3 Ways a Care Manager Can Improve the Family Experience
For most, caregiving is new territory. It is an enormous responsibility that must be addressed along with all of life’s other important duties like family, home, and work. Even with the best of intentions, it can be difficult for families to coordinate caregiving duties while balancing other roles. A care manager can improve the family caregiving experience by providing support, resources, and services for the senior who needs care. The Manager can also provide peace of mind for family members who will know that the senior’s needs are being met appropriately. Here are three ways in which a care manager can improve the family caregiving experience.
1. Devising a care plan: It can be difficult to know all the services that a senior loved one needs. Family members usually aren’t clinicians and trying to determine what services are needed for ongoing support at home based on specific health needs can be daunting. A care manager will conduct a comprehensive health assessment of your loved one and then create a care plan to meet identified needs. The care plan will take into account your loved one’s physical, emotional and mental status. It will also address health needs including medications, nutrition, and therapies; such as physical and occupational therapy. The care plan will also include referrals to agencies that can provide some of the support needed. In short, the care plan will coordinate care for all of the senior’s health needs so the family knows that those important issues are being addressed.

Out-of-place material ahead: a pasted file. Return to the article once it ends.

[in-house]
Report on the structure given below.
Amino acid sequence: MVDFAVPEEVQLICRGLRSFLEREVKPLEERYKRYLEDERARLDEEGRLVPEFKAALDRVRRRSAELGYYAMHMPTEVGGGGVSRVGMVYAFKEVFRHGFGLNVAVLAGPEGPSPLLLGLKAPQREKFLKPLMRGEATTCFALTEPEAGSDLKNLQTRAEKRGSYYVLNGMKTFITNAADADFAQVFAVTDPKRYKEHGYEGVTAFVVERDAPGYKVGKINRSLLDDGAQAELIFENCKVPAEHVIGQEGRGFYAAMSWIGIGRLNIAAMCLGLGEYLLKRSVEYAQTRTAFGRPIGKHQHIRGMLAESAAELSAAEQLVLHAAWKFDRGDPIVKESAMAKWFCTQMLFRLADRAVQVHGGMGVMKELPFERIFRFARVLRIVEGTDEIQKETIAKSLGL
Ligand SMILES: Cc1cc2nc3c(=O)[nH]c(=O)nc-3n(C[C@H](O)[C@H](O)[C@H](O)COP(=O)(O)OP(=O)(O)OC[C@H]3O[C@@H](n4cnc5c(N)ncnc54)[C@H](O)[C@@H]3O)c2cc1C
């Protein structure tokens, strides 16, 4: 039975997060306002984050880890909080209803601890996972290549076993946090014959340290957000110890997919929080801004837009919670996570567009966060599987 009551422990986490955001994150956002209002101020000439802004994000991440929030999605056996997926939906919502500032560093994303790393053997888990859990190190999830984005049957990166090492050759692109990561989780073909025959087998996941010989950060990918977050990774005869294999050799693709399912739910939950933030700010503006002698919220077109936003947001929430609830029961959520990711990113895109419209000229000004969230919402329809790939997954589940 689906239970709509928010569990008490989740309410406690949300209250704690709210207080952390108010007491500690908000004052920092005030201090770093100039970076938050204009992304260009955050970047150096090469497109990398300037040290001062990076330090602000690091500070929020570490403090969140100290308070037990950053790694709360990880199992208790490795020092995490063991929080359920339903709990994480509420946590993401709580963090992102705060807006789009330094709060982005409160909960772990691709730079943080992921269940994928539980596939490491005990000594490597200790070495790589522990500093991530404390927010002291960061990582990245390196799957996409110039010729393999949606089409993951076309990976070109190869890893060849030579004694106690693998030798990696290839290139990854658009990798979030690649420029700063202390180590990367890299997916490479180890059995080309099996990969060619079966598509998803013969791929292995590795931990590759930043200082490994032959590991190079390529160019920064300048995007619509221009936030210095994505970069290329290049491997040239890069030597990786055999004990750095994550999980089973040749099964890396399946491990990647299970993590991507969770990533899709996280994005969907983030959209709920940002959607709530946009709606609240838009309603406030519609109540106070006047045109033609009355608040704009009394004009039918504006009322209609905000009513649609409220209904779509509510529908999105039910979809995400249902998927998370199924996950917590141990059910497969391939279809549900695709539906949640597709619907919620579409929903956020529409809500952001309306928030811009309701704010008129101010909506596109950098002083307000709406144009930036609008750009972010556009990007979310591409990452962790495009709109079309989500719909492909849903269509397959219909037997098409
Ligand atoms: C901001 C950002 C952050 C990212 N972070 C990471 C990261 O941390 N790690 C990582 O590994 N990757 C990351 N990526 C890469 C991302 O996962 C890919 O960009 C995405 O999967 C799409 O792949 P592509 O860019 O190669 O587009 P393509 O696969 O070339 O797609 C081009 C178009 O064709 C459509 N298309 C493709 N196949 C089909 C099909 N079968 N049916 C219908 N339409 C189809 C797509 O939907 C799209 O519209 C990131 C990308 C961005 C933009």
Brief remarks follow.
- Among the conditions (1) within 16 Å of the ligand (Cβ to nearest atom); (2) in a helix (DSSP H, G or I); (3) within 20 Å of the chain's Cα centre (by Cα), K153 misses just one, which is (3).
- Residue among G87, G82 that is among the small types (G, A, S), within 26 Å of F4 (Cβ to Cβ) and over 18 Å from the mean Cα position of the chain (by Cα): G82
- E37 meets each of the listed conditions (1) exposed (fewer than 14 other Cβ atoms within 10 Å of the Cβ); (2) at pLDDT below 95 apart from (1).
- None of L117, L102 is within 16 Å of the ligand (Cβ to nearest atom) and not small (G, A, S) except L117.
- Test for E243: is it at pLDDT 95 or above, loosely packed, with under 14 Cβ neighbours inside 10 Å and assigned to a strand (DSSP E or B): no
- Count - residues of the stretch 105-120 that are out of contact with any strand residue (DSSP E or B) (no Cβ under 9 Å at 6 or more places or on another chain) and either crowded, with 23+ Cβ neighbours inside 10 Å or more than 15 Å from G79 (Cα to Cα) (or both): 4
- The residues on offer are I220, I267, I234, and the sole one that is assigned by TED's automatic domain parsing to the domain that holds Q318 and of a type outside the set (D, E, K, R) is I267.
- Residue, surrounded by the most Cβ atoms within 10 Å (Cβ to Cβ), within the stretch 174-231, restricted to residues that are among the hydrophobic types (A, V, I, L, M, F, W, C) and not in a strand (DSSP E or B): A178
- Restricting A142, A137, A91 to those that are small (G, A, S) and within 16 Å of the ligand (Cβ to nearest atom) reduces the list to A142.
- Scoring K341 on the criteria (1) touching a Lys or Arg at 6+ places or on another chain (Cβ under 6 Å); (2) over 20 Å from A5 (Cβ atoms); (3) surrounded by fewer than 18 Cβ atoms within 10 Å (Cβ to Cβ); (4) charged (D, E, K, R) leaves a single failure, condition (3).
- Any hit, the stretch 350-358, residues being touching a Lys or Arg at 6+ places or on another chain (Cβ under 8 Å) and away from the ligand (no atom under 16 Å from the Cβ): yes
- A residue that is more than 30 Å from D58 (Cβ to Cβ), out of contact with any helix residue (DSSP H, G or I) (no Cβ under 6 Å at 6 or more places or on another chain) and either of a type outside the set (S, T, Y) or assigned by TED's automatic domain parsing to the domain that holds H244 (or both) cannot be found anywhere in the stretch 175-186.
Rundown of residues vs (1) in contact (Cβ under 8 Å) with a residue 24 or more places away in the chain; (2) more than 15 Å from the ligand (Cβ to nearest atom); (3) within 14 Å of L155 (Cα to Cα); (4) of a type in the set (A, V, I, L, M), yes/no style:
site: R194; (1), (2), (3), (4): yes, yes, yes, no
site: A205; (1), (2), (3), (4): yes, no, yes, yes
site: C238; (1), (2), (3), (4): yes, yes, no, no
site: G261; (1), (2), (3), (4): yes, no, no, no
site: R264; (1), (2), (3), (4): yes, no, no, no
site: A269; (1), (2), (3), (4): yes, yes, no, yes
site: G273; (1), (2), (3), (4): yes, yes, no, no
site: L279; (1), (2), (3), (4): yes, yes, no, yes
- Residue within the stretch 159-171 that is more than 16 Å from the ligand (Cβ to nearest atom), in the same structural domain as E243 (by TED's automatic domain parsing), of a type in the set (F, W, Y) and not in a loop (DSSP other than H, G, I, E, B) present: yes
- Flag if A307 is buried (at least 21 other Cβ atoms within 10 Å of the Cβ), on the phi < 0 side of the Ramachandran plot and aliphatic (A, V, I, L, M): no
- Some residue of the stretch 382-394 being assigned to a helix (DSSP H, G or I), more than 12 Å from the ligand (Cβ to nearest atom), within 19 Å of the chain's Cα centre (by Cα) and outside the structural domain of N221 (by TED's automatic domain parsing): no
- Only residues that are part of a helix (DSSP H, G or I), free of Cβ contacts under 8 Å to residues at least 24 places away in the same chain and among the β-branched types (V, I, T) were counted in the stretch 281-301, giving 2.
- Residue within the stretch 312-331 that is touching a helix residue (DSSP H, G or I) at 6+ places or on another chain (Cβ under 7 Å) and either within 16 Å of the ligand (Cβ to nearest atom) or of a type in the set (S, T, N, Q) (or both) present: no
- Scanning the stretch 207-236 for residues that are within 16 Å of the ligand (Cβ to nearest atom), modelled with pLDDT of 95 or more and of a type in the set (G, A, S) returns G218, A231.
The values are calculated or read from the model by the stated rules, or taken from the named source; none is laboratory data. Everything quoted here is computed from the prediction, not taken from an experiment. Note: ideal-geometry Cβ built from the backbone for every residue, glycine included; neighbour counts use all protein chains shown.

2. Arranging services: Once the care plan is created, the care manager will begin to line up services to support those identified needs. These services can include counseling, support, assistance with moving the senior to different types of housing, advising families on power of attorney and other legal matters, transportation, serving as a liaison between the family and healthcare professionals, and serving as an advocate for the senior. The care manager can lift a lot of weight off the families of the senior and guide them to services that will make caregiving easier.
3. They monitor needs. Once the assessment and care plan are complete and services are in place, the care manager ensures that they are performing as expected and supporting your loved one. The manager will conduct frequent re-evaluations of the services and then adjust them as necessary. As your loved one ages and his or her health changes, services will be adjusted as to provide effective care. The manager plays an important role in making sure that your loved one has a high quality of life and that all the moving pieces of their care are working toward that singular goal.
Many families wish they had known there were avenues to help the transition before they needed it. Don’t wait until it’s too late and you are already feeling the pressures of added responsibilities. There is no shame in asking for professional assistance when it comes to care management. Properly trained professionals can bring sense and calm to a stressful and uncertain time. They know all the in’s and out’s of caring for seniors. They understand the legal, financial and clinical aspects of care. Perhaps most importantly, they know how to navigate it all and make it work to your loved one’s best interests. That’s a winning formula for care.